In addition to the reasons for opposition given in the letter below, I have some additional reasons that I would like to share. First of all, and perhaps most importantly, what the maps do not adequately show is that from the intersections of Lorimer Road and Garland Road, and from Lorimer Road and Kaplan Drive, there are continuous downhill grades to Bushy Creek which runs under Lorimer Road at the Onslow Road intersection. This grade, which is quite steep in a few places including in front of our house, naturally causes the tendency for drivers to speed as they coast down the hills. Presently, the only thing in my opinion that is causing drivers to apply their brakes and go down the hills more cautiously is the narrowness of the street, the irregular surface condition of the pavement, and the visible shoulder drop-offs for the side ditches. The street width is such that two cars meeting each other generally slow down as they pass, and even more so when meeting a truck or bus. The street also has a number of dips and humps so that travelling above the speed limit of 25mph will make the ride very uncomfortable and increase the risk of losing control. It is my opinion that by widening and smoothing the street, even with the addition of sidewalks, there will be no net gain in safety because traffic will travel much faster, and possibly there will be an increase in traffic volume. Should the street improvements be constructed, it is very likely that the next cause for which you will hear from our neighborhood will be a call for the installation of traffic-calming devices.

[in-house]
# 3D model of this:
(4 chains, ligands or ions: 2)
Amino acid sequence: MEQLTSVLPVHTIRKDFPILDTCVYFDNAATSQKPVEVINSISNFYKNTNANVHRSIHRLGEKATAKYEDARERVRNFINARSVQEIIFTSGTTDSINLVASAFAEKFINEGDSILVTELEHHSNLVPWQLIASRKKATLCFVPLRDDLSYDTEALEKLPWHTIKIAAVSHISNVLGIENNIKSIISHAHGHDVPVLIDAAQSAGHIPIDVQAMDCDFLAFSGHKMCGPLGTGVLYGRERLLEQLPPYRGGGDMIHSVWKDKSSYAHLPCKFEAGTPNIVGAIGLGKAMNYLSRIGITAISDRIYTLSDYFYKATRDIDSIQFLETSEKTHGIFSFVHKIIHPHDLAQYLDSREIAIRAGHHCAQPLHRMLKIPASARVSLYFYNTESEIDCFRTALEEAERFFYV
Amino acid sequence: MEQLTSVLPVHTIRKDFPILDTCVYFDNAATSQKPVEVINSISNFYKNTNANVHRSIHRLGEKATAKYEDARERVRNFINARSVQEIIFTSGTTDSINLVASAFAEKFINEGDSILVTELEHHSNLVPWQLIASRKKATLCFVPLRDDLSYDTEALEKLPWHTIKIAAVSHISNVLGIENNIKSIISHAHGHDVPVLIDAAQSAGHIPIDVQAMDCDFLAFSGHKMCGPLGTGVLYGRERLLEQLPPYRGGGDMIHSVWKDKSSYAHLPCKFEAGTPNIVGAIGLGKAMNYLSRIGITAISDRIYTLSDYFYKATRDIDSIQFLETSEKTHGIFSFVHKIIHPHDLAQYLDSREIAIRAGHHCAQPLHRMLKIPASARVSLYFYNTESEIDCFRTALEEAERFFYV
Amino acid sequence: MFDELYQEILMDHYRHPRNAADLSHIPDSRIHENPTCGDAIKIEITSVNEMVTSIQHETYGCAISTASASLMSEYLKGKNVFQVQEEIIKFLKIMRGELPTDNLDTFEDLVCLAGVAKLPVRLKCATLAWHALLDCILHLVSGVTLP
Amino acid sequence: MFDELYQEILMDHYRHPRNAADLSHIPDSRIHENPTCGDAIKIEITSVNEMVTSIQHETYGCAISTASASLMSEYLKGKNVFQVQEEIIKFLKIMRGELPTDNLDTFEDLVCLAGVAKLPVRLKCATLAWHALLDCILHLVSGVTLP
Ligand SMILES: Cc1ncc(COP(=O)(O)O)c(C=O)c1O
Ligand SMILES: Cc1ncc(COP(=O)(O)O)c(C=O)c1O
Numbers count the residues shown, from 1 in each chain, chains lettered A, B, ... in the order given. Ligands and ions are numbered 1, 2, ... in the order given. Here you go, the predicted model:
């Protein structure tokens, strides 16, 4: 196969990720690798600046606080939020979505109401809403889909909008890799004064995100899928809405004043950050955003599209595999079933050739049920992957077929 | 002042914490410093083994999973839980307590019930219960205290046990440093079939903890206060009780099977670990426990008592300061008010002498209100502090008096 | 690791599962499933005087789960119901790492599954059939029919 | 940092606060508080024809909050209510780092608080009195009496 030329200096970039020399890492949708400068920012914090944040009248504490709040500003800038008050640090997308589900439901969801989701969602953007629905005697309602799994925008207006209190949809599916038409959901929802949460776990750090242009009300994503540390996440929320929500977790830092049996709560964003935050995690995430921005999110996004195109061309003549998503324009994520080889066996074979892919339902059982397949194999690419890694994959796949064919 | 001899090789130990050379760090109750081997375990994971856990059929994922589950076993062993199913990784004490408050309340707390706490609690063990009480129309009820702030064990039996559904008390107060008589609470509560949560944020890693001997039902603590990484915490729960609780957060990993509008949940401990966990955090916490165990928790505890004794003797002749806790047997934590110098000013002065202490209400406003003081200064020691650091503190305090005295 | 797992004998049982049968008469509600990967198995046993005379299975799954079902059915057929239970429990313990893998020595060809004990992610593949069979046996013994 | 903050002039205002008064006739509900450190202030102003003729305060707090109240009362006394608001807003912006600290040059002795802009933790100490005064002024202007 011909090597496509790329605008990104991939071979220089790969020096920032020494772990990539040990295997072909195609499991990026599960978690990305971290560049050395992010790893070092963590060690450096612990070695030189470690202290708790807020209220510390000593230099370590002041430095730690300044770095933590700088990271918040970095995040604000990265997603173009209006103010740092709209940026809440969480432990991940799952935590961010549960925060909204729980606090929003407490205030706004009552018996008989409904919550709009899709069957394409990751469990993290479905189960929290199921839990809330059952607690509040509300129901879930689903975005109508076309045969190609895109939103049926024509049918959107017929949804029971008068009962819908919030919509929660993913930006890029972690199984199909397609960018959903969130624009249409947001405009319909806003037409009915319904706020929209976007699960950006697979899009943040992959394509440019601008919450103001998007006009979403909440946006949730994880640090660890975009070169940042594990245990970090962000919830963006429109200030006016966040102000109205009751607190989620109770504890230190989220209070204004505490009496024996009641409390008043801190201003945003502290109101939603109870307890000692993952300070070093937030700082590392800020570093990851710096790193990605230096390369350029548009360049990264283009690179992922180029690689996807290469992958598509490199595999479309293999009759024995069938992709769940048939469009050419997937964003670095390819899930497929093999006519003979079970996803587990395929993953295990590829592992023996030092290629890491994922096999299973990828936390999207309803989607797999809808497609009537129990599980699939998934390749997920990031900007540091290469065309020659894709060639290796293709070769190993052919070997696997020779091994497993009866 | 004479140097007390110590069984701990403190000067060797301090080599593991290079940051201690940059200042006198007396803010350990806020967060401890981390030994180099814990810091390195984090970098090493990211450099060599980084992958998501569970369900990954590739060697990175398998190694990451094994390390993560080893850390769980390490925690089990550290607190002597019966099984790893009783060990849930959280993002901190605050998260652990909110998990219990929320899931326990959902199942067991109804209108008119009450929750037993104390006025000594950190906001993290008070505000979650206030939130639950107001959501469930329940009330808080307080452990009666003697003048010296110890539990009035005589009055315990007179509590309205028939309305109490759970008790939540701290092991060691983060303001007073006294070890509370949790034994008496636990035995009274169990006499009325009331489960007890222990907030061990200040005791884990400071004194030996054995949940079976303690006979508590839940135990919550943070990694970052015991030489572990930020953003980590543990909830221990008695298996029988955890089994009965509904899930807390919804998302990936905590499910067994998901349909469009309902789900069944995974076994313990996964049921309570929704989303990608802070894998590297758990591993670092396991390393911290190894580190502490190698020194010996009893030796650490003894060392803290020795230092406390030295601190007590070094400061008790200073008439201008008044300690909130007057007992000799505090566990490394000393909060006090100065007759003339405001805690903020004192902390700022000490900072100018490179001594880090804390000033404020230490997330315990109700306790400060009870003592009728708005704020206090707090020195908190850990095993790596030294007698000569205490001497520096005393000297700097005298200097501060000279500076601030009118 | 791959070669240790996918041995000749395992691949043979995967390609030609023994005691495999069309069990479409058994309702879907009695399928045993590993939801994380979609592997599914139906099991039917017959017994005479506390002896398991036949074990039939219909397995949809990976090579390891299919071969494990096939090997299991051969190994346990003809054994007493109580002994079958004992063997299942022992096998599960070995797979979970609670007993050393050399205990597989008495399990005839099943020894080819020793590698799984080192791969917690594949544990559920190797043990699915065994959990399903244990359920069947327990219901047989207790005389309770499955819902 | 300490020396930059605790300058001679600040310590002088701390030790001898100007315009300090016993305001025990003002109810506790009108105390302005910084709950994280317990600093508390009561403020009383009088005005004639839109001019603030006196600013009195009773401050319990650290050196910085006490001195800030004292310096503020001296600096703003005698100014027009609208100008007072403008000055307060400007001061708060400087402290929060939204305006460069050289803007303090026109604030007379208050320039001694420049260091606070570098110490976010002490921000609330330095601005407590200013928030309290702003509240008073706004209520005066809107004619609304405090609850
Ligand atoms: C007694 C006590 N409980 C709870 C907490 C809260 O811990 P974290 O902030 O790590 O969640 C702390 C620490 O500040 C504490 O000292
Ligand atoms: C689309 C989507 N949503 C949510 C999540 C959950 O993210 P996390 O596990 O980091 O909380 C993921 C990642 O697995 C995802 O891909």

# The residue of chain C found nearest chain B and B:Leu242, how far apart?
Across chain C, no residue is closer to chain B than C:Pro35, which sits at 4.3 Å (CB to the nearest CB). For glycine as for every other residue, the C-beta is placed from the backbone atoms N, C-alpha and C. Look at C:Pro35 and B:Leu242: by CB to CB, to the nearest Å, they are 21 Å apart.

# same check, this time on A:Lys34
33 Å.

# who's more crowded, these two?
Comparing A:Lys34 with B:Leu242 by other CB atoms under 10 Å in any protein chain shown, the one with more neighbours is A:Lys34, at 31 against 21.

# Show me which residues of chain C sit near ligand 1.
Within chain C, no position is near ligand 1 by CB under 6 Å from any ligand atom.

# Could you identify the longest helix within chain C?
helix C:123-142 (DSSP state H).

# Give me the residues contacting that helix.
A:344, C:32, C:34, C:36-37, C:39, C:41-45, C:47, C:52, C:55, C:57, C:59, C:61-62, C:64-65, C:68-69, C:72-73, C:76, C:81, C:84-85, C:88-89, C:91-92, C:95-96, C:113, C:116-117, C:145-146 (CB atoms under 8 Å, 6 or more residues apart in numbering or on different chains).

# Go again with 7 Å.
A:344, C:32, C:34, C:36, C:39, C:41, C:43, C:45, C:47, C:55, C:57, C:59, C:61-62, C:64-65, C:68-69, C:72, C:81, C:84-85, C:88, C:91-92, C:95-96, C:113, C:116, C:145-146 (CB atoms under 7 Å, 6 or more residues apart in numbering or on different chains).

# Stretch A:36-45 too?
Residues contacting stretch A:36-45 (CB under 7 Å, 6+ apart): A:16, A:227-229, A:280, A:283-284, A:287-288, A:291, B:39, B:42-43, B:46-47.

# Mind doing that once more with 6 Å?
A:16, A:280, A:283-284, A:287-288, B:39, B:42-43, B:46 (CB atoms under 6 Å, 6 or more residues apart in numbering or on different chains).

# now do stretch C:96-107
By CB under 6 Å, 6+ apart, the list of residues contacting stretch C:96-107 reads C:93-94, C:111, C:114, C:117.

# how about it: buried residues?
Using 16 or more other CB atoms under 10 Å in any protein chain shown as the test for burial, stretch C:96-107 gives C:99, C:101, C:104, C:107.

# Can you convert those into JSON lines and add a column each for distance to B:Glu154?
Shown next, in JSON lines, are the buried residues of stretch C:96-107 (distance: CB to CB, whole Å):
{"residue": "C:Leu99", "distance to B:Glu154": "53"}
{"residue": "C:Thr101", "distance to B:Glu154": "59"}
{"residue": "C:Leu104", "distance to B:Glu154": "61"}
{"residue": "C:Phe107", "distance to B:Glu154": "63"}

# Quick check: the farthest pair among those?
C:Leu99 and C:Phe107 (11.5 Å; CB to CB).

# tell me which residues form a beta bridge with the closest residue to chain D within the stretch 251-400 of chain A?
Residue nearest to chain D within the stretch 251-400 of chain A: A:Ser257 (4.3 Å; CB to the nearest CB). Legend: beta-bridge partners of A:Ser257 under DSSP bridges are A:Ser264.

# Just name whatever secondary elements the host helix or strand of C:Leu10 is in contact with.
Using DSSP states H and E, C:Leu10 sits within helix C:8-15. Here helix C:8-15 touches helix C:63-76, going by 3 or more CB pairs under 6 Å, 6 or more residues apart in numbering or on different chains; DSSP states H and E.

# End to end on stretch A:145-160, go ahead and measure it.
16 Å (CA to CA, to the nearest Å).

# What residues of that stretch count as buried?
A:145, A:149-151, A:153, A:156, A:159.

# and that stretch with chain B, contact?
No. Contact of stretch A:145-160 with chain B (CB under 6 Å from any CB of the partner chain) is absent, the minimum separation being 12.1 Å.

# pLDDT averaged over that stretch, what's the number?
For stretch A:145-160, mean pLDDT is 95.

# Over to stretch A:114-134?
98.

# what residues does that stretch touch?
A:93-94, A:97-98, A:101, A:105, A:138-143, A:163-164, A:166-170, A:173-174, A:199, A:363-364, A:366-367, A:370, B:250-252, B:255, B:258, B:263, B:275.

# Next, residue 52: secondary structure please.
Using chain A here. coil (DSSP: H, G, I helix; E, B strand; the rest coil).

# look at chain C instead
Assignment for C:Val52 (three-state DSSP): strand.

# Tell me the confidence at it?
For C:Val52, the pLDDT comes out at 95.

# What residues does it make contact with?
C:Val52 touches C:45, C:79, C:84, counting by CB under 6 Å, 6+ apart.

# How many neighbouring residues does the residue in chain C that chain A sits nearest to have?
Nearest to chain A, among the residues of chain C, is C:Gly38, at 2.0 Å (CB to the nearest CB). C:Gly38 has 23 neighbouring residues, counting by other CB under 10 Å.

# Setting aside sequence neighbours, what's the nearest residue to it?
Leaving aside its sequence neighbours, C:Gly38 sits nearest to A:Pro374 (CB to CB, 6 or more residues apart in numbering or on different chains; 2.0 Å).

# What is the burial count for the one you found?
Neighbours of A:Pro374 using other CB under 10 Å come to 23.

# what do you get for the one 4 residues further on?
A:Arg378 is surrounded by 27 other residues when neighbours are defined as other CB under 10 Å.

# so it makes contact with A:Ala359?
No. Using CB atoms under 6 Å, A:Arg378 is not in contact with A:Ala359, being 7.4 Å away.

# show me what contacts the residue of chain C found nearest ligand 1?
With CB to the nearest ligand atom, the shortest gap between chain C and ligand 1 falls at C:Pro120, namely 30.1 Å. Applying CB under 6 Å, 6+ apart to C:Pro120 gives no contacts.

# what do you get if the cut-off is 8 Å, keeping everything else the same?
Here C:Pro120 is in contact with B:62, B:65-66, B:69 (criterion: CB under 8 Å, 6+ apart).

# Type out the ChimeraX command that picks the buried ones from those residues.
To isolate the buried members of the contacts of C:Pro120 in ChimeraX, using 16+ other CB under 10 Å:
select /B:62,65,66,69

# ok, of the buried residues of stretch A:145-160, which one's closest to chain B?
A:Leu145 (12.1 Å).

Continue reading

Questions Remain

—SAFETY: What are the statistics regarding pedestrian-related accidents on this section of Lorimer Road (between Kaplan Drive and Garland Drive)?

—STORMWATER: The official City stormwater report conducted in conjunction with this petition/project reports “no major issues.” How, then, did this become a deciding factor for so many residents who signed the petition?